New Yorkers Unfazed in NFC Enemy Territory

"It's not harassment -- it's love," one Staten Islander laughed off the Niners' fans booing

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    NEWSLETTERS

    The rain couldn't dampen the spirits of the Giants fans who made the trip to San Francisco to watch their beloved team face off against the 49ers in the NFC championship game. Bruce Beck reports from Candlestick Park.

    Many of the Giants fans who braved the miserable weather, terrible traffic and the boos and taunts against them as they entered Candlestick Park for Sunday's NFC championship game shrugged it off and took it in stride.

    "It's football, baby!" said David Lerner with a laugh. The 42-year-old investment banker from New York City brought his 16-year-old son, Eric, to watch the mega-match that sent the Giants to the Super Bowl for the first time since 2008.

    They were proudly wearing their blue-and-white Giants jerseys.

    "I've had no issues whatever," Lerner said. "He's a big boy and can take it," he said, nodding toward his son.

    They are, after all, New Yorkers.

    "It doesn't faze me," said Sean Trachtenberg. The 35-year-old and his girlfriend ran the gauntlet of good-natured boos and barked requests that they go back home as they made their way toward Candlestick Park. "I'm from Brooklyn and I've seen it all."

    San Francisco police, the 49ers and NFL adopted extraordinary security measures for Sunday's showdown after New Orleans Saints fans complained of verbal abuse, threats and intimidation by some 49ers faithful in last weekend's game.

    Undercover police were dressed in Giants' garb and on the lookout for nasty fans. As Giants' ticketholders entered the 51-year-old bayside park, they were handed a card with details on how to contact police if they feel threatened. More security cameras and undercover police officers were in place to identify abusive fans.

    Police Sgt. Michael Andraychak said shortly before kickoff that there had been no reports of any serious ugliness against Giants fans amid the sprawling parking lot filled with tailgaters. Any threats, verbal or physical abuse — and they're out.

    NFL security director Jeff Miller told The Associated Press that if the cameras or undercover police catch abusive behavior by fans, they would be yanked from the stadium.

    "There's always going to be a little bit of playing around; this is a sporting event, after all," Andraychak said. "But anybody who is caught crossing that line, being intimidating or using profanity or threatening behavior, they will be ejected from the game."

    Peter Hartlaub, a pop culture critic for the San Francisco Chronicle, tweeted from inside the stadium that his wife was "next to police subduing unruly fan and got pepper-sprayed. Had to go to first aid. Can someone tell me the score?"

    Joseph Chan, a security usher for the 49ers, said he hates it when the crowd gets unruly.

    "What happened if there was an earthquake? We'd all have to help each other. We all have to respect each other," he said.

    That respect was tested when it took some fans two to three hours to get to the game as some 70,000 ticketholders made their way to the stadium. There were reports of abandoned cars and transit passengers getting out of buses and shuttles on the off-ramps and making their way on foot.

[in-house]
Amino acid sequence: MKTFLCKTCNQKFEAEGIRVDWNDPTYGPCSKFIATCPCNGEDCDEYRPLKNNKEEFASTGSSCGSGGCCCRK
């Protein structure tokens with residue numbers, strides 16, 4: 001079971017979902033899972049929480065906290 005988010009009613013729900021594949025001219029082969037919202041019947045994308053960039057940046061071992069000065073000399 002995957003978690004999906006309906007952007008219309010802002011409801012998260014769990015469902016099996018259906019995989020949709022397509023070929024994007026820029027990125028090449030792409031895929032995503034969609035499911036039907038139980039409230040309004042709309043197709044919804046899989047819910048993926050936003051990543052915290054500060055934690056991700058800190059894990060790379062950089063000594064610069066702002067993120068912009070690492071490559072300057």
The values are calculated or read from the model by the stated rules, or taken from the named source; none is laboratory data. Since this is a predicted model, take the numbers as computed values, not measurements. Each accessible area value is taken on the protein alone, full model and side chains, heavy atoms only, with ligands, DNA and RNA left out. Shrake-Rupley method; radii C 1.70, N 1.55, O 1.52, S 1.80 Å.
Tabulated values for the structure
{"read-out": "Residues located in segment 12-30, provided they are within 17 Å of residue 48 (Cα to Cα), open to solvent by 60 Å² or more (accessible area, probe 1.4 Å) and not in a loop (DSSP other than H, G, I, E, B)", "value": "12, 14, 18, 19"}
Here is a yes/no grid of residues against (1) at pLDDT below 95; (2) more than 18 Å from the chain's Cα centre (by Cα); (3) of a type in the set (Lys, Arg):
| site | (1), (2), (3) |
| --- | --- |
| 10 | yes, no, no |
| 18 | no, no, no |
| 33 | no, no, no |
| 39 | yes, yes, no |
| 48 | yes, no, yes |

Security was stepped up after several New Orleans Saints fans wrote highly publicized letters to the San Francisco Chronicle, complaining of being so badly abused after last weekend's game that they feared for their safety.

    "Every 49ers fan, the team and its owners should be ashamed and embarrassed to wear the red and gold today," Don Moses wrote in a letter published Tuesday. "They won the game but are losers in every other way."

    San Francisco Mayor Ed Lee instructed the police to do whatever it took to make Giants fans feel safe.

    Nick Koulouris, who was tailgating with a group of 49ers fans while watching another football game on a flat-screen TV on the back of a pickup truck, said he was ashamed of the "lowlifes" who make visiting fans feel unwelcome.

    "We're just normal, everyday working class guys out here having a good time," said Koulouris, a plumber from Mountain View, a city just south of San Francisco. "It's just a sporting event, and you're supposed to just have fun; win, lose or draw."

    That was how Joe Derby, 24, of Staten Island, took the verbal abuse directed to him as he entered the stadium Sunday.

    "It's not harassment — it's love," he said, laughing as Niners fans loudly booed him and his friends.

    The city so far has avoided yet another embarrassing situation at the stadium: the lights were holding out as darkness closed in by halftime. The city and the Pacific Gas & Electric Co. spent nearly $1 million in upgrades to the aging park after stadium lights blacked out and delayed the nationally televised game between the 49ers and the Pittsburgh Steelers on Dec. 19.

    Lee called it a "national embarrassment." The city and utility laid more than a mile and a half of new wire to carry three times the electrical load as well as install a new computer system to monitor possible faults in the circuit.